A report has revealed that the violence in Nigeria, responsible for hundreds of deaths since January, is due to more than religious tensions alone, the Anglican Communion News Service (ACNS) reports.
While the violence between Christians and Muslims in Nigeria is the worst between members of the two faiths since the Bosnian war of 1992-1995, the sectarian conflict is driven by poverty, inequality and injustice, according to a high level Christian-Muslim taskforce comprising the World Council of Churches (WCC) and the Royal Jordanian Aal Al Bayt Institute (RABIIT).
The religious aspect of the violence, the report said, is reinforced by radical Islamist groups like Boko Haram which exploit the secular issues, and the revenge killings by Christians and Muslims. “The joint delegation believes that the primary causes of the current tension and conflict in Nigeria are not inherently based in religion but rather, rooted in a complex matrix of political, social, ethnic, economic, and legal problems, among which the issue of justice — or the lack of it — looms large as a common factor.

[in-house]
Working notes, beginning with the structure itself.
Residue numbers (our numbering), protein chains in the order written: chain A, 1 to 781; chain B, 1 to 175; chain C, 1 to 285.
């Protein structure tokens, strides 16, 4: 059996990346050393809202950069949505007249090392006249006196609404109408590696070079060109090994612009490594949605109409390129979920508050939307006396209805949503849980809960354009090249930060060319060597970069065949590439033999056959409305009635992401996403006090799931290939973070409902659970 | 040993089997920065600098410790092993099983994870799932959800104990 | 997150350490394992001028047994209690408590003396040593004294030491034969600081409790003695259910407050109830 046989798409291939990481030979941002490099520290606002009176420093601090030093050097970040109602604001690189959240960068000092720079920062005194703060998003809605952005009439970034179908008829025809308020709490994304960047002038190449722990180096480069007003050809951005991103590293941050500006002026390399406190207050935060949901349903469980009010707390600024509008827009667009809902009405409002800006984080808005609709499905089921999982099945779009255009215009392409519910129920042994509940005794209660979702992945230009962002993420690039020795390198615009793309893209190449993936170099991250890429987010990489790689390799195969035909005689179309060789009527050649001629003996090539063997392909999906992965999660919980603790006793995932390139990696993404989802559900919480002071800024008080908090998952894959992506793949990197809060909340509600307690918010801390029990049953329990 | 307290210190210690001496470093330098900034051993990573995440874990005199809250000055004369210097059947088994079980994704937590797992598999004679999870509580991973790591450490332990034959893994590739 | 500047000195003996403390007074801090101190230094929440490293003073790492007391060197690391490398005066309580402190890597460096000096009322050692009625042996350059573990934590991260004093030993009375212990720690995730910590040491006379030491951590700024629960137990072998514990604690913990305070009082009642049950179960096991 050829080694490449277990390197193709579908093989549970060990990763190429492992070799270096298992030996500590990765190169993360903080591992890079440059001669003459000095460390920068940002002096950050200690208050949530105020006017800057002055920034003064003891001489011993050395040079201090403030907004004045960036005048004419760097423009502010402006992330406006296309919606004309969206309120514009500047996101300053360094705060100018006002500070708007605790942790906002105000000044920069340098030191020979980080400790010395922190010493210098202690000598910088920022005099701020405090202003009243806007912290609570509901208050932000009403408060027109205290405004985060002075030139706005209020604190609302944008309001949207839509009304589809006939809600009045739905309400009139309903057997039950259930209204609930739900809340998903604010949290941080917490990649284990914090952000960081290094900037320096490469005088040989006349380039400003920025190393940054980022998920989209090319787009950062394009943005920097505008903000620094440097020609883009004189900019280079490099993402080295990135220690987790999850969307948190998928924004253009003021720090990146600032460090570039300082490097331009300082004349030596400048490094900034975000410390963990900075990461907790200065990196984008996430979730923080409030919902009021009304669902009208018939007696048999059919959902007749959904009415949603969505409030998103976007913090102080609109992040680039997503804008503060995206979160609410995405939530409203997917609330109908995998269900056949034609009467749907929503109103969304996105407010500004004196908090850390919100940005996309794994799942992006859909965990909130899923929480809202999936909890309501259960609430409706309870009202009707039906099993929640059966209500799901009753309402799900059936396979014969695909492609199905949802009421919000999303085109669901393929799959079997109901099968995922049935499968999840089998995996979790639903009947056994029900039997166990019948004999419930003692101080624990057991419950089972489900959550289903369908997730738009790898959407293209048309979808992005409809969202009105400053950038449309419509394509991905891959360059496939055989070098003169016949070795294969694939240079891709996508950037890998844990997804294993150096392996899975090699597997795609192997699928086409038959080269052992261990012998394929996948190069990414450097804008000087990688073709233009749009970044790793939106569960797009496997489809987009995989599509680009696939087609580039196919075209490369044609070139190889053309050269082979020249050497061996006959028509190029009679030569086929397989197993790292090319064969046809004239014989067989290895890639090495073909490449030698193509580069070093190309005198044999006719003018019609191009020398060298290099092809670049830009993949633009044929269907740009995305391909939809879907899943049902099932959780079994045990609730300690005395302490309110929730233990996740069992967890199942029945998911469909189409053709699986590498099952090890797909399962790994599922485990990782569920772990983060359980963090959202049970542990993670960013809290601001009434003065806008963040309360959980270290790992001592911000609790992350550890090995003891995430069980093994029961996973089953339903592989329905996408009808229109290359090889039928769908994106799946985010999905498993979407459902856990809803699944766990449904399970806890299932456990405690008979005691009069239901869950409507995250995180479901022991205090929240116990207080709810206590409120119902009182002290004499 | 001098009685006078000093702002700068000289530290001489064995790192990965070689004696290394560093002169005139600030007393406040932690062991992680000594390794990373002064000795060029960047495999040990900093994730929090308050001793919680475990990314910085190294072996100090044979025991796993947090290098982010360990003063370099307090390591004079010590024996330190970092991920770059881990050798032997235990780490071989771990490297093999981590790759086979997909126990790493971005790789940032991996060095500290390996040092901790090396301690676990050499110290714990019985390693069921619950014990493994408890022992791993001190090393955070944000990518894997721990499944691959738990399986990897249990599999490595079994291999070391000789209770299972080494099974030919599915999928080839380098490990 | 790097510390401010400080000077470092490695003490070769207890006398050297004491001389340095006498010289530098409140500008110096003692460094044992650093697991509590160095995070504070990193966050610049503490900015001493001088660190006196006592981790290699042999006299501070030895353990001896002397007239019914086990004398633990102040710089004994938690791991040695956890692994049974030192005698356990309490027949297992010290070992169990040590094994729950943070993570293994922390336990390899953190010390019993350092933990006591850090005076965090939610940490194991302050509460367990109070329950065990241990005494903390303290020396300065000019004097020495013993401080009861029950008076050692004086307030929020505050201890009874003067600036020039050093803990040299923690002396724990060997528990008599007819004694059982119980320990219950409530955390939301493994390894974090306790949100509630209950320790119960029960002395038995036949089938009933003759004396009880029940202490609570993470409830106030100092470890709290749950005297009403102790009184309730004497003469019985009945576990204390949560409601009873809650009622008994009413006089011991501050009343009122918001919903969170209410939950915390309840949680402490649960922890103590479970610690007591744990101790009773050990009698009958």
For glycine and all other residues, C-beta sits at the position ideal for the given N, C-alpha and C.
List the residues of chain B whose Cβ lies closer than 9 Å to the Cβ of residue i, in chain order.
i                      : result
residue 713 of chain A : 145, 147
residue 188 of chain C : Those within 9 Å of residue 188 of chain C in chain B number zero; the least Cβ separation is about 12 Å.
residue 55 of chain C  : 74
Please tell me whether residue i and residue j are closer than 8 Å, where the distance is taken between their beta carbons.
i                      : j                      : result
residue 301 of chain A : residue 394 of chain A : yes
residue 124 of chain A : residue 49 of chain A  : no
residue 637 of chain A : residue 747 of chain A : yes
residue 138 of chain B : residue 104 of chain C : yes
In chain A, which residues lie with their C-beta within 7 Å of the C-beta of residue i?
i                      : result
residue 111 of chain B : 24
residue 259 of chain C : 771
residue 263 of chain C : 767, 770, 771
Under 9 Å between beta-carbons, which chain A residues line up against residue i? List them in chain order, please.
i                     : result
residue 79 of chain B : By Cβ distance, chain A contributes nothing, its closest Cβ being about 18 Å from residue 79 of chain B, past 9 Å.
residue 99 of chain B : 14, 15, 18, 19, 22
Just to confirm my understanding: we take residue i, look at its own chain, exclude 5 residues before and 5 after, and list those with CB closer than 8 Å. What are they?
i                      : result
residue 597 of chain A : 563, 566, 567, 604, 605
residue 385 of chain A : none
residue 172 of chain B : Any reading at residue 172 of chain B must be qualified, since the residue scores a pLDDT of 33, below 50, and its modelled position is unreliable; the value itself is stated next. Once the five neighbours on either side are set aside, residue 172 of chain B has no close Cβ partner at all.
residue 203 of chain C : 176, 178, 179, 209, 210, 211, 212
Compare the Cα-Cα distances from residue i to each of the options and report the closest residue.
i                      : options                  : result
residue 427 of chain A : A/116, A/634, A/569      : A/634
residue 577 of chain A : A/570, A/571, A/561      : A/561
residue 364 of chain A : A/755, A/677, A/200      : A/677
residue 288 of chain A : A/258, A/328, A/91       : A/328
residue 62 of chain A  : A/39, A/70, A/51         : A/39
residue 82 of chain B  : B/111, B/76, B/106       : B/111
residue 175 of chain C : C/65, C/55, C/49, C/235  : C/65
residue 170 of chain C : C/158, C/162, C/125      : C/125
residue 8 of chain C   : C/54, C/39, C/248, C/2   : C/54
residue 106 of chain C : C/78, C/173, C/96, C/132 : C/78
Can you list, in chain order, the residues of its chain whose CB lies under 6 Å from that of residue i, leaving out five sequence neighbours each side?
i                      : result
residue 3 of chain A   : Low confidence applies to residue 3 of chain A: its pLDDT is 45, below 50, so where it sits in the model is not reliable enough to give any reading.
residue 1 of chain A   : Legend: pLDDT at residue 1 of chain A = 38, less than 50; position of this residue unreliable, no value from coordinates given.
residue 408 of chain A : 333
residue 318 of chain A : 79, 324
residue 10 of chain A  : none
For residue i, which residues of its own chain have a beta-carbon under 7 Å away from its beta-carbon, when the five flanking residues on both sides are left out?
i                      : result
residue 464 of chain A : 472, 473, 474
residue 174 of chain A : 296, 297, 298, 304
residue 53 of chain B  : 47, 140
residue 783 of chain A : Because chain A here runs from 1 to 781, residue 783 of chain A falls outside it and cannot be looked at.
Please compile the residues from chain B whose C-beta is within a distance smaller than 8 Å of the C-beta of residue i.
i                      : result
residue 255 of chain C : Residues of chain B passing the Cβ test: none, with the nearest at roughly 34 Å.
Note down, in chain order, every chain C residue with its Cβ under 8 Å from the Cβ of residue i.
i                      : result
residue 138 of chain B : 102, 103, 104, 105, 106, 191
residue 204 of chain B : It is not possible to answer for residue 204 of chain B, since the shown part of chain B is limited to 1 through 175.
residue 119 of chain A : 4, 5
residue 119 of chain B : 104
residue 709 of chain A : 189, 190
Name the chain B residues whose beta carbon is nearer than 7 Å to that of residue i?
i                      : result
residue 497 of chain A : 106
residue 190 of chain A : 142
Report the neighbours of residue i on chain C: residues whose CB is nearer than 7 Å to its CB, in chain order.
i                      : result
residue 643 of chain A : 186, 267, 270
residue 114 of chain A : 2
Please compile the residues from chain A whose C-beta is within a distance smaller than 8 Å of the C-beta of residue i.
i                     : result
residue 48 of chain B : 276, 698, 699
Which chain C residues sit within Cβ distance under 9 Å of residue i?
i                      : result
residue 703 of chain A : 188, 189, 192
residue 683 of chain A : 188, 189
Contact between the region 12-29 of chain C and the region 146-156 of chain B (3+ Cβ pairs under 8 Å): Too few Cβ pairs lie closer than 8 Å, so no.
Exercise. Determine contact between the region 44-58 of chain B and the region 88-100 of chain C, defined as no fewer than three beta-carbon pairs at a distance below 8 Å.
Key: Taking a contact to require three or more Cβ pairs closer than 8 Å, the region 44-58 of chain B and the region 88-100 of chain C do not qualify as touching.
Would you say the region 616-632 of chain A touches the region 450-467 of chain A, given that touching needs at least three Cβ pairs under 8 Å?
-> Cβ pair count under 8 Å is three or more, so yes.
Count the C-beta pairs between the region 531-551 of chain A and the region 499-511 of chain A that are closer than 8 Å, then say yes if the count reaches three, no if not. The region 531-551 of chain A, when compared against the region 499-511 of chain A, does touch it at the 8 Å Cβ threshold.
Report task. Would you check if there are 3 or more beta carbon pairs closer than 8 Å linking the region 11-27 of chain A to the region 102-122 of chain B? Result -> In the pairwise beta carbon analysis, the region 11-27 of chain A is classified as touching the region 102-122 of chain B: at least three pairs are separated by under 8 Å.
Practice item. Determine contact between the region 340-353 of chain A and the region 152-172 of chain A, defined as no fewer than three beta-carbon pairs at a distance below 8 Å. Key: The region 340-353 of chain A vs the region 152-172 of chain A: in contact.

“Nevertheless, the joint delegation acknowledges that there is a possibility that the current tension and conflict might become subsumed by its religious dimension (especially along geographical ‘religious fault-lines’) and so particularly warns against letting this idea — through misperception and simplification — become a self-fulfilling prediction,” the report said.
WCC and RABIIT said they would not presume to advise the Nigerian people or government on how to resolve their own problems adding that it sufficed to identify them from a neutral, external perspective. However, they said they intended to help “bearing in mind that resolving some smaller problems — especially problems that seem theologically-driven — can help make the larger problems of which they are a part, less intractable and more easily manageable.”